Active movement helps with rheumatism and arthritis

Avoid careful posture with rheumatism and arthritis

Patients suffering from rheumatism automatically put themselves into a gentle physical posture to avoid pain. A immobilization of the affected body regions is the wrong recovery strategy, as reported by the Deutsche Rheuma-Liga e.V. The initiative launches the "Active against rheumatism pain" campaign on the occasion of World Rheumatism Day.

Gentle posture increases movement restrictions and pain
In order to avoid emerging pain, most rheumatism patients put themselves into a gentle physical posture. However, the careful posture leads to an intensification of the symptoms and increasingly limits the mobility of the joints. In the longer term, pain is significantly increased. "We want to get rheumatism patients out of the protective posture and encourage them to become active despite pain," said the chair of the German Rheumatism League (DRL), Professor Erika Gromnica-Ihle, in a press release by the association.

In practice, positive effects could be achieved through muscle building training. Movement without too much stress can be helpful in order to improve the symptoms in joint diseases such as arthritis or arthrosis. The training can achieve beneficial effects even in patients of advanced age. According to the experts, this applies in particular to osteoporosis and spinal disorders. For those suffering from fibromyalgia, special exercise therapy is an important pillar of therapy, as the current guidelines confirm. "Through targeted strength and coordination training, supported by endurance training, the resilience of the muscle and skeletal system as well as the cardiovascular system can be maintained or increased with the help of MTT. As an active form of therapy, it serves to safeguard and improve the success of rehabilitation, so that those affected can better meet the requirements of professional and everyday life and can actively participate in all areas of life again, ”explains Monika Schäfer, graduate sports teacher of the Rheumatism League Lower Saxony.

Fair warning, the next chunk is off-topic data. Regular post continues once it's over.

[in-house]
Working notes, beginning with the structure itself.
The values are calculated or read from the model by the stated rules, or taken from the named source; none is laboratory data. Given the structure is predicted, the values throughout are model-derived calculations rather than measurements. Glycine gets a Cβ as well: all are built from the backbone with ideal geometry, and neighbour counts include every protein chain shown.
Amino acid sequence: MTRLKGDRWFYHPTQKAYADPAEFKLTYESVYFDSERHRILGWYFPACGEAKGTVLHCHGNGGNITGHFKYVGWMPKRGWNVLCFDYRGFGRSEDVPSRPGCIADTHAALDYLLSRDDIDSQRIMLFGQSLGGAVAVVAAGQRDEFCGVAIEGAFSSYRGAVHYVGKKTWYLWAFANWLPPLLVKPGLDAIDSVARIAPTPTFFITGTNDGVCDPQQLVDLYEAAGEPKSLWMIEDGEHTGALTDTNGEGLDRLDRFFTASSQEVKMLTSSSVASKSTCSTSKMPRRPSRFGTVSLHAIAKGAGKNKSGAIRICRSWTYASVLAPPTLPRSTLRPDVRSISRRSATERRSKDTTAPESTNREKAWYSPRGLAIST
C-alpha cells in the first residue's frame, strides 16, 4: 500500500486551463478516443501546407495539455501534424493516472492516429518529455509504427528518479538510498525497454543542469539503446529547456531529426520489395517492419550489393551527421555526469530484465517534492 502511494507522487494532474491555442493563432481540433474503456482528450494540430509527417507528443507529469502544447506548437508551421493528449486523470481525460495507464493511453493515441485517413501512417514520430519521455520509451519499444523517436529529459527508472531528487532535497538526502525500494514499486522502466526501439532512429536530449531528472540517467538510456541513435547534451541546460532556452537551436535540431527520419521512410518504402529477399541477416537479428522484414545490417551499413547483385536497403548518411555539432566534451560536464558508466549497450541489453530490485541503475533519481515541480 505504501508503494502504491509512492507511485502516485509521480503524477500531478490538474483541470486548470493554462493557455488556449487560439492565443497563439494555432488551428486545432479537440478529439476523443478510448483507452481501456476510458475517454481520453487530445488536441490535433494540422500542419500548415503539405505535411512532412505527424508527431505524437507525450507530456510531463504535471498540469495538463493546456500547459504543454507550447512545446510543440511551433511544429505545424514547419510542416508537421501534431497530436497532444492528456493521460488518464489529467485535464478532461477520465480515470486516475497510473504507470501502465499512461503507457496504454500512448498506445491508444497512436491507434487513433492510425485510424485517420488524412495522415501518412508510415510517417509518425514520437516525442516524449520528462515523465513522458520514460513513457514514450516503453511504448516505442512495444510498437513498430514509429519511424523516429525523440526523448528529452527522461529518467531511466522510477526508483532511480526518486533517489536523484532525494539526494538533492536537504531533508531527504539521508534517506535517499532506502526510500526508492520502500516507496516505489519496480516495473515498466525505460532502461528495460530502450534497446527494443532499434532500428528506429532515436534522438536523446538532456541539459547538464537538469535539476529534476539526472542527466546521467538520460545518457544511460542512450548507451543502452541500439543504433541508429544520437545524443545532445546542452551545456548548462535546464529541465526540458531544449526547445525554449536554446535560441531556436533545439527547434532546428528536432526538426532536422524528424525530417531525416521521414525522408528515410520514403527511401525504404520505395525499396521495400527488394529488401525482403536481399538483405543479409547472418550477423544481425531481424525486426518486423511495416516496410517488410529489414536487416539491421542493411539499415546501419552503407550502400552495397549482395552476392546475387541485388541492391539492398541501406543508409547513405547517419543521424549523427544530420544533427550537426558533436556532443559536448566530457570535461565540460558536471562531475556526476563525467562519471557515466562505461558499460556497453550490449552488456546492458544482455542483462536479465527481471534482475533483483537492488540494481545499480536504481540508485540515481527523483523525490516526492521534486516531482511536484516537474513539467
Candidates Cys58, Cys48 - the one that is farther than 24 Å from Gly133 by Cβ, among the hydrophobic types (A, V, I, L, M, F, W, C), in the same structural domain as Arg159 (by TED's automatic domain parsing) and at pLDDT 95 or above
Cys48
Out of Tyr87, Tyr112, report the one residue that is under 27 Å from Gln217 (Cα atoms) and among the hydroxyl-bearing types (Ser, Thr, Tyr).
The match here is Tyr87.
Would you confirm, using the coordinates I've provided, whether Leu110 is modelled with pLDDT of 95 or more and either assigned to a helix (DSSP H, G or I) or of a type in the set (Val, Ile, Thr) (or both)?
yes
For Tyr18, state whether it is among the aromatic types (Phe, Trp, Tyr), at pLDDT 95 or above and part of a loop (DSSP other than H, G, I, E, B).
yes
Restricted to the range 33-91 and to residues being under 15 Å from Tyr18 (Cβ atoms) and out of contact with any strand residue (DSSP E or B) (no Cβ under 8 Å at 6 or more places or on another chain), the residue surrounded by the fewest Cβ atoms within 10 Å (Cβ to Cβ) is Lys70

Active against rheumatism pain
The DRL is launching the "Active Against Rheumatism Pain" campaign today. "With our actions, we also want to raise public awareness of the topic of 'rheumatism' because the disease can affect everyone," says Prof. Erika Gromnica-Ihle, president of the self-help community, which has over 260,000 members. The campaigns are supported by a number of relevant organizations, including the medical associations of orthopedists and trauma surgeons, as well as rheumatologists. In the course of the campaigns, there will be numerous new brochures, events and information materials.

After all, according to statistical projections, one in four Germans will sooner or later be affected by restrictions and pain in the musculoskeletal system. Up to 7 million German citizens already suffer from arthrosis, especially in the hip and knee area. "Pain and fatigue are urgent ailments in inflammatory diseases such as rheumatoid arthritis, ankylosing spondylitis, collagenosis or vasculitis". In addition there are tens of millions of people suffering from chronic back pain, low back pain or fibromyalgia. School children are increasingly affected by musculoskeletal disorders. Among other things, this is the result of a society that eats more and more food and at the same time moves less and less.

Tai Chi Beneficial for arthritis
Around 100,000 rheumatism patients now regularly take advantage of the activities offered by the rheumatism leagues in their hometown. These include dance classes, tai chi and yoga. In addition, there are also aquacycling or muscle building training as part of medical training therapy (MTT). Recent studies have found that tai chi has a beneficial effect on arthritis and relieves pain.

Also read:
Tai Chi as a remedy for arthritis
With Tai Chi for arthritis complaints
Back pain exercises

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